Politicking aplenty in store at Oz bunfight, and we have ringside seat
The big kids are having a party, and this year it's at Australia's place.
New Zealand, as the host's little sibling, gets to come along, too. We're under strict instructions not to touch the buffet and to stay well away from the fruit punch, but still: squee! G21!
We're not the only taggers-along at the Group of 20 gathering of the world's biggest economies. Mauritania will be there. Myanmar, Senegal and Singapore will also be in Brisbane clutching golden tickets. So will our fellow United Nations seat group winners Spain, who will be in Australia in their capacity - a classic bit of diplo-fudging, this - as "permanent invitee".
John Key, who with host Tony Abbott and a handful of other leaders completing a week-long summit binge, after Apec in China and the East Asia Summit in Myanmar, will have plenty of hands to shake in Brisbane.
One of the first might be that of the Brazilian President, Dilma Rousseff. He could congratulate her on re-election before expressing thanks for the help in our Convicted Murderer Overseas Experience pilot scheme. On second thoughts, probably we've had enough gags about escaping paedophiles for the week.
Phillip John Smith, meanwhile, might count himself lucky to be alive. According to a report published this week, Brazilian police have killed more than 11,000 people over the past five years, or about six a day.
Key had hoped, of course, that US President Barack Obama might pop over to New Zealand while he's in the neighbourhood, but that's not to be. But we do get a few high-powered Brisbane sideshows. The impressive German Chancellor, Angela Merkel, will be here. (Note on pronunciation: hard G in Angela.) So will the seriously powerful Chinese President, Xi Jinping. (Note on pronunciation: not to be called "Mr Eleven", as an Indian news reader did the other day.)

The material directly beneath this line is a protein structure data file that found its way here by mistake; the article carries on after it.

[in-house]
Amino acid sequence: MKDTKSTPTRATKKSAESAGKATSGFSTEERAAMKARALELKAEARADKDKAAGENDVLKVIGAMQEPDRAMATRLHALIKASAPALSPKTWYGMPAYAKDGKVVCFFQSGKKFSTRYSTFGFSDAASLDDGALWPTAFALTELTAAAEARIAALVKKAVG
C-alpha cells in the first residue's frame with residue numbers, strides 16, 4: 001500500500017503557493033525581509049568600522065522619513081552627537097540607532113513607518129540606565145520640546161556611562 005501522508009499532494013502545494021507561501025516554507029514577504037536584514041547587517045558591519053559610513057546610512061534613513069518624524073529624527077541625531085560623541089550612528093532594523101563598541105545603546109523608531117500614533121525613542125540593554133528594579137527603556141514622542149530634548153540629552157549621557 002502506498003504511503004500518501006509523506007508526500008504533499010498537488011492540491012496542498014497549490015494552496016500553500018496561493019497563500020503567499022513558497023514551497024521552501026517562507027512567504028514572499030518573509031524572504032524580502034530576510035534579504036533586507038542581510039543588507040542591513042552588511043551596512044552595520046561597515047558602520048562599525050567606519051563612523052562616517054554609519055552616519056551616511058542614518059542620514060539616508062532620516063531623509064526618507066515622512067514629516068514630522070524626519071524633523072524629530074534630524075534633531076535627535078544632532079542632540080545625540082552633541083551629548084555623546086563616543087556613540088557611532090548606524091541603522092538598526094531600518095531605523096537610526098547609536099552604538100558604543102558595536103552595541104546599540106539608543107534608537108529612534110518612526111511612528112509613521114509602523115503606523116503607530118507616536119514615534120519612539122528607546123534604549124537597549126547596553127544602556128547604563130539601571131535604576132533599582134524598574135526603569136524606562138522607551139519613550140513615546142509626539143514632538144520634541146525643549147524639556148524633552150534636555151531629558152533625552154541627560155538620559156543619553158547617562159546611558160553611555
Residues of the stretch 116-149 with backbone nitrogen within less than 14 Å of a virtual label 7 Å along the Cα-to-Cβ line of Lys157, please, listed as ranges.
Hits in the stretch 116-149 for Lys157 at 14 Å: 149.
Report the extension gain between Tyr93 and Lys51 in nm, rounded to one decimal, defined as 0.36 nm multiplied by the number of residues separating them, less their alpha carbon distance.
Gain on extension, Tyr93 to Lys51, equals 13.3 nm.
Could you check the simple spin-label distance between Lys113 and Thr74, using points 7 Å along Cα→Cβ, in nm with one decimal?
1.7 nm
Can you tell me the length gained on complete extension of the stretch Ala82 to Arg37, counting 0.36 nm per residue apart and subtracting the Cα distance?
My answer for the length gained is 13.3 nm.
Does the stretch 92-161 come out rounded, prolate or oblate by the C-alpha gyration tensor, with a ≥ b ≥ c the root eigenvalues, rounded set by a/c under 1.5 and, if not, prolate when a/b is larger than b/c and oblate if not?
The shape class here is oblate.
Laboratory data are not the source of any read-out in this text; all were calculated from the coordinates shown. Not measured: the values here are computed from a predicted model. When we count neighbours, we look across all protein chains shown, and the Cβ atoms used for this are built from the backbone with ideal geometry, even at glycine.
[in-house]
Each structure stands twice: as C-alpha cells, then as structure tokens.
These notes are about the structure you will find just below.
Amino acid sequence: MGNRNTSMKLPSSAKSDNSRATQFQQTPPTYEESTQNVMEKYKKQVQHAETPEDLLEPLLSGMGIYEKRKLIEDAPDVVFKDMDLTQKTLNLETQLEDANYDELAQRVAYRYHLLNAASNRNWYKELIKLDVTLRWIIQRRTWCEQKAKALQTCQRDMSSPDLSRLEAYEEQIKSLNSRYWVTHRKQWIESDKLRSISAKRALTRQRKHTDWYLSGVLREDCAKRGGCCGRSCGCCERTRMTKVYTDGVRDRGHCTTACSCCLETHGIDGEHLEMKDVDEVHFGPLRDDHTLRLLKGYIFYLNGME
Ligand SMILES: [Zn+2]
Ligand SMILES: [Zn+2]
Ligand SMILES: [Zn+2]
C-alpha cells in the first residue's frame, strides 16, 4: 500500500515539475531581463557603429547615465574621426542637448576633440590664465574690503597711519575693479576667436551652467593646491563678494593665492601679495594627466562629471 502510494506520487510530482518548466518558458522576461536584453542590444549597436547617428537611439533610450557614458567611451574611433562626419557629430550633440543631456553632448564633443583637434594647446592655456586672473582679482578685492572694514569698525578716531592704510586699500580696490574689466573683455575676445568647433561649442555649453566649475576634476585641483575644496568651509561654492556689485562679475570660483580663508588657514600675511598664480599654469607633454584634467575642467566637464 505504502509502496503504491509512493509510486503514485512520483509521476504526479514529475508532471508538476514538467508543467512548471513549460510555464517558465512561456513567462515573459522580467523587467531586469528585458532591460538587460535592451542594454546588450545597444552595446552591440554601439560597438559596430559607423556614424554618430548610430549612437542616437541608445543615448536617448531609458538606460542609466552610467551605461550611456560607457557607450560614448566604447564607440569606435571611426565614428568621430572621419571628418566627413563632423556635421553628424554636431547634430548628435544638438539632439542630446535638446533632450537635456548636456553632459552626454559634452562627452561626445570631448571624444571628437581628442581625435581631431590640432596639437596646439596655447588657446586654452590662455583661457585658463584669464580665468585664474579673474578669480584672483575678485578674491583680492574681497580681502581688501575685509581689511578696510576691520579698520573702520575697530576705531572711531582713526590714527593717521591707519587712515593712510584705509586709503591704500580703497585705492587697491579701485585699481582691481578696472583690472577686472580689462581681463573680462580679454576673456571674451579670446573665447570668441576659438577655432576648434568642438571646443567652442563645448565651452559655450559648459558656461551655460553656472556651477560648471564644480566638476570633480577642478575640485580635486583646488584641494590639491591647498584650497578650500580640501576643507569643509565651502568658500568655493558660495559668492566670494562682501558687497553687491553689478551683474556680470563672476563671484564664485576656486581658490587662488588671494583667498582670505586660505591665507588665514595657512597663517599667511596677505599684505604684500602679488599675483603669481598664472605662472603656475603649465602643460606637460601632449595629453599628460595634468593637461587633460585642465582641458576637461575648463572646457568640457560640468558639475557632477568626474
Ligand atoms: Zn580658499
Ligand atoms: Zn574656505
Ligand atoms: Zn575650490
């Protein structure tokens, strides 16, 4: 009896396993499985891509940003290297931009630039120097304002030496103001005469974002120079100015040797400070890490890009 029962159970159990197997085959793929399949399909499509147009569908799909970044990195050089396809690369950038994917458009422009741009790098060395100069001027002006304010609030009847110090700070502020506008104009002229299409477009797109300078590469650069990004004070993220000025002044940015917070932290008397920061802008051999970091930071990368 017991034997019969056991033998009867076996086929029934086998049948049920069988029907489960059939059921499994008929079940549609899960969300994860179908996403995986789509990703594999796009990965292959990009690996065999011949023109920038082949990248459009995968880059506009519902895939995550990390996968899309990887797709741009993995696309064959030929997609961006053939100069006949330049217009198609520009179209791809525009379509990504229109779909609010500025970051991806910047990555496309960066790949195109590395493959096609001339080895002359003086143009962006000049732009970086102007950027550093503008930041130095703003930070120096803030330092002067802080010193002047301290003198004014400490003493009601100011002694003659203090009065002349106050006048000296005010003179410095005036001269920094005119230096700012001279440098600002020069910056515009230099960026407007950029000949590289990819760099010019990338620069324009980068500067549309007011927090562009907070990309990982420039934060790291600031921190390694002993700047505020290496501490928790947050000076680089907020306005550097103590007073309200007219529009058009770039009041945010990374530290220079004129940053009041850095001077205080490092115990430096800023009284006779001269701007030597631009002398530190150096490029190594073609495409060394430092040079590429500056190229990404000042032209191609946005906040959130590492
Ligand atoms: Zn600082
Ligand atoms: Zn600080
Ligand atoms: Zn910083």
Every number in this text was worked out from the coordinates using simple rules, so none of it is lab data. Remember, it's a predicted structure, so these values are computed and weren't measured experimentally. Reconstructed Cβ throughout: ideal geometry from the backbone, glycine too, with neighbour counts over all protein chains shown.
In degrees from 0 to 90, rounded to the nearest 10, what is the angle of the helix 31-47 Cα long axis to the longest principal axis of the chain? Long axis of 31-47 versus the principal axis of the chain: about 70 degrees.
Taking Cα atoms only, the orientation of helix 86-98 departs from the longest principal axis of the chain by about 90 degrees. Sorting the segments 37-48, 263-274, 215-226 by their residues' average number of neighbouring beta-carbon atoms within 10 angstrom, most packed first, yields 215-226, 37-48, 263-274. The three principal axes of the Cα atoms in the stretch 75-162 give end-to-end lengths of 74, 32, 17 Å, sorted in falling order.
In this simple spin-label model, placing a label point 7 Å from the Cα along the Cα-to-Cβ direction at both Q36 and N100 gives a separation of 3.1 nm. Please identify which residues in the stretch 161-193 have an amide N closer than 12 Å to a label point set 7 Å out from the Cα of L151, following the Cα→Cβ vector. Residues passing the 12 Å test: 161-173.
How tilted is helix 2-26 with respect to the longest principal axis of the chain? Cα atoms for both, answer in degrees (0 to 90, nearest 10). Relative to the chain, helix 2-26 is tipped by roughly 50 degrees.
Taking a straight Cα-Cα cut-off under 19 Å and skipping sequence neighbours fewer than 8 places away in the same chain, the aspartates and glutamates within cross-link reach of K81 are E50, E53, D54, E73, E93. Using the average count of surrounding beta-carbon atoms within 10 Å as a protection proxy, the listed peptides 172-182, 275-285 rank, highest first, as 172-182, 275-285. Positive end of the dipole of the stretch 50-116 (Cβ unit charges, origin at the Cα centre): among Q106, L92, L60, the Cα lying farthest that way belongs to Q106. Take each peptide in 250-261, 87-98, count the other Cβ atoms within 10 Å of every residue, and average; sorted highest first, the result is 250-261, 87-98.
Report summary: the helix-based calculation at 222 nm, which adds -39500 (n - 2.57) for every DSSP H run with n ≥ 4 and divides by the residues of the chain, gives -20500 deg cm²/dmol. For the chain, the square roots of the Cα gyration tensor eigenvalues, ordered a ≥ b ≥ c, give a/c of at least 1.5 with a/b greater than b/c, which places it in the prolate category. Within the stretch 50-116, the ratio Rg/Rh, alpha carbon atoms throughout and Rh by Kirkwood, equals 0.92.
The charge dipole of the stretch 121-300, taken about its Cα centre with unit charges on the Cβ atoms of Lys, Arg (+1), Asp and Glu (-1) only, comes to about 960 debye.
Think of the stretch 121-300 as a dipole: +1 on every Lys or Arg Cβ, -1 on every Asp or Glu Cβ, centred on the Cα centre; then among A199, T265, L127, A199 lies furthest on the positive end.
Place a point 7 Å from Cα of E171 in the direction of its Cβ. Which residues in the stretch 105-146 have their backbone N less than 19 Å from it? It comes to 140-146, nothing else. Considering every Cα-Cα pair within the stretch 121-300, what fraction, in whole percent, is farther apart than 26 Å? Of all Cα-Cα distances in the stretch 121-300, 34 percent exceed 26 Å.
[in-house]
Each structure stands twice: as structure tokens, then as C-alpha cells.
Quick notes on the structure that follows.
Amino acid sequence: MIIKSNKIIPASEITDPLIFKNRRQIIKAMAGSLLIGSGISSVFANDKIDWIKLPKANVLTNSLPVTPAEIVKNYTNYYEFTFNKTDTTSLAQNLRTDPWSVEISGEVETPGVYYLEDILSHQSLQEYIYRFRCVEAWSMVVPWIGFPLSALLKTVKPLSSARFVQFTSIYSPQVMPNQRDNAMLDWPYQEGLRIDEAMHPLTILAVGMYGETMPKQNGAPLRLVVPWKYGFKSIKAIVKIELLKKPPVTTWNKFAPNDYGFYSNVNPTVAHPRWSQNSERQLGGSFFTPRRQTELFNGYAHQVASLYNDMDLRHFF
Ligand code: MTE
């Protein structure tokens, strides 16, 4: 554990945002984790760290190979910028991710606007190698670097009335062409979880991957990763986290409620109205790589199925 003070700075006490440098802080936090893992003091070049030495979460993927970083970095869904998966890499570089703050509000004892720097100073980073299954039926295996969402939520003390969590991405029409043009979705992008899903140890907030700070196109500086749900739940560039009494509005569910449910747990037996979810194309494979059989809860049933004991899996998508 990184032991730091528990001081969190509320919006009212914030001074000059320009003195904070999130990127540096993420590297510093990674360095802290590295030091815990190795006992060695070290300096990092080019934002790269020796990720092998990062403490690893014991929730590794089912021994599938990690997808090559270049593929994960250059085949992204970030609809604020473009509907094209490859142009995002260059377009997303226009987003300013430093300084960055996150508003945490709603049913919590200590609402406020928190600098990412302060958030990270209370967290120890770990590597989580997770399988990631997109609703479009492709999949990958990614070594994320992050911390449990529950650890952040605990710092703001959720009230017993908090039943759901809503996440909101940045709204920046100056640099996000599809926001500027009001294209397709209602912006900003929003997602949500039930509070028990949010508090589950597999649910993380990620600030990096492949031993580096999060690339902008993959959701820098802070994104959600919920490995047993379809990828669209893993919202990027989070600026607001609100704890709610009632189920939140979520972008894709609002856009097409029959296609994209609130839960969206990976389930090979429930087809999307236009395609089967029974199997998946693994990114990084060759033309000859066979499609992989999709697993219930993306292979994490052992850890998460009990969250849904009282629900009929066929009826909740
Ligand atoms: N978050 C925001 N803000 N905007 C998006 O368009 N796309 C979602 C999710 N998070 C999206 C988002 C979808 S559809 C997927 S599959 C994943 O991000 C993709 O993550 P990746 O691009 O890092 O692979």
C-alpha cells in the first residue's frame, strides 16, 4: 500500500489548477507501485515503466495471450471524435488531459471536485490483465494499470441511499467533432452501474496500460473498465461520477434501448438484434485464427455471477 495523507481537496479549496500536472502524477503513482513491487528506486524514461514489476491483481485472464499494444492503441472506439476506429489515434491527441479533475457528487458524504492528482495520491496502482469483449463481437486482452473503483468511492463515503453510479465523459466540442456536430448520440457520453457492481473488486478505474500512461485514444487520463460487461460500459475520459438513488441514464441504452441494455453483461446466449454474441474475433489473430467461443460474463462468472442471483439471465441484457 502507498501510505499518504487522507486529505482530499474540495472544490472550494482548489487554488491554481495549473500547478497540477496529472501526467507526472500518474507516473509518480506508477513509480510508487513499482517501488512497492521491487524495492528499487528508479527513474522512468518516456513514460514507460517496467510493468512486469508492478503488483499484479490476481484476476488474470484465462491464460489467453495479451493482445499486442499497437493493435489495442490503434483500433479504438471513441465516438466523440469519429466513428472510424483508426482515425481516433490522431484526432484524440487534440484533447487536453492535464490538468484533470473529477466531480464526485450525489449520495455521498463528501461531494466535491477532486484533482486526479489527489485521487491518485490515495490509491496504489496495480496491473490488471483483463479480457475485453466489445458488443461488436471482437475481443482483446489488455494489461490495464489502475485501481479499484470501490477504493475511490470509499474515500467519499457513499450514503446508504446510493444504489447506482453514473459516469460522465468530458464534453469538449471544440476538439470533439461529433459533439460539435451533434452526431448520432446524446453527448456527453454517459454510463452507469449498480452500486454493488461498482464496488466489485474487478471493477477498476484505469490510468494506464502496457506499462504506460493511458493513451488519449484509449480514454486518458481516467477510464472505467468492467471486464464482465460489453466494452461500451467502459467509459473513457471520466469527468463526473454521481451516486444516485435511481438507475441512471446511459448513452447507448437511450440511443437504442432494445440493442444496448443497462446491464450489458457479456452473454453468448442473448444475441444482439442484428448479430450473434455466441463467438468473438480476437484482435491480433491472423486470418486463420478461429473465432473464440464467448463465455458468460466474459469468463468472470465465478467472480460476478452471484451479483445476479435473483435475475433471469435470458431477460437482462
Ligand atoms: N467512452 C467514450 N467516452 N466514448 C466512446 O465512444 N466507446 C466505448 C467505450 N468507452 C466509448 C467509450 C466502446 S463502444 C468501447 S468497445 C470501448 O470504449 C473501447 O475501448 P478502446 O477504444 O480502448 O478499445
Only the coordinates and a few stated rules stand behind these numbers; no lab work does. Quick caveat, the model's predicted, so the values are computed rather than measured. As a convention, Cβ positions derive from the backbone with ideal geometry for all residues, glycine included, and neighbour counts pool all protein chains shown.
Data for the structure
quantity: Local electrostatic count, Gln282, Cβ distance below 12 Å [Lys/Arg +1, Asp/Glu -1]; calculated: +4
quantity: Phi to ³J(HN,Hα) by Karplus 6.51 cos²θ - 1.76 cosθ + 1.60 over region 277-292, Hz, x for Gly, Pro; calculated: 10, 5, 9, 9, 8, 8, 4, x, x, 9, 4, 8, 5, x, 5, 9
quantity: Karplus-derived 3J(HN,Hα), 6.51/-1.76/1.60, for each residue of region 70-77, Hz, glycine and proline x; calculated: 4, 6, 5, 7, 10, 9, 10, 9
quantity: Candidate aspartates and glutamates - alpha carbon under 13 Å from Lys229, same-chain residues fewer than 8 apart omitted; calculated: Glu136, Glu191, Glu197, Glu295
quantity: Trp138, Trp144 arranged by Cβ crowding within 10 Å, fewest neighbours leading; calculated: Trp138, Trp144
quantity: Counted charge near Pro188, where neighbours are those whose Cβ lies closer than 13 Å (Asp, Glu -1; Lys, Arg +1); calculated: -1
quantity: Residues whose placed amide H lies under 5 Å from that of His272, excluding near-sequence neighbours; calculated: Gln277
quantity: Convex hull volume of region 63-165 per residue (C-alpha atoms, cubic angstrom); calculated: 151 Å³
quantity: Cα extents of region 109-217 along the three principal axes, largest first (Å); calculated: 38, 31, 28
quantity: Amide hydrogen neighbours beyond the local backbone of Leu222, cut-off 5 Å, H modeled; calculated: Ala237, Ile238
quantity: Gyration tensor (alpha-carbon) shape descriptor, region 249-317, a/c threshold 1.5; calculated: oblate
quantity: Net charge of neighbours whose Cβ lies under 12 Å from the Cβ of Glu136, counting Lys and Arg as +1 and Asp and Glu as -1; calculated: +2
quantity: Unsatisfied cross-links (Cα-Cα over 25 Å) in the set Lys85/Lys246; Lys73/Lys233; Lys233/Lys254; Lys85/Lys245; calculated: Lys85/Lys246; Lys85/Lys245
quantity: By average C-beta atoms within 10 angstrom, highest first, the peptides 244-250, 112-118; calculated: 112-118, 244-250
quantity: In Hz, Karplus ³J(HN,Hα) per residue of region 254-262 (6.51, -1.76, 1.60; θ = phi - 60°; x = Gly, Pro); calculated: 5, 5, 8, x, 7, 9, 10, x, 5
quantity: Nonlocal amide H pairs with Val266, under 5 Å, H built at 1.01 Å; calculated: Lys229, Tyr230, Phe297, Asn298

Amid the swirl of multilateral summiting, and the spluttering Trans-Pacific Partnership negotiations, those direct engagements often bear the real fruit. China certainly seems to have been loading up on bilateral steroids lately. In recent days Xi held breakthrough talks with his Japanese counterpart, Shinzo Abe. Beijing has reportedly all but agreed a free-trade pact with Australia. And while US-China relations are not all rosy, the two superpowers have announced an extraordinary set of deals, on military links, trade and a landmark climate change gear-shift, with both countries in effect pledging to double their commitments on emission reduction over the next 15 years.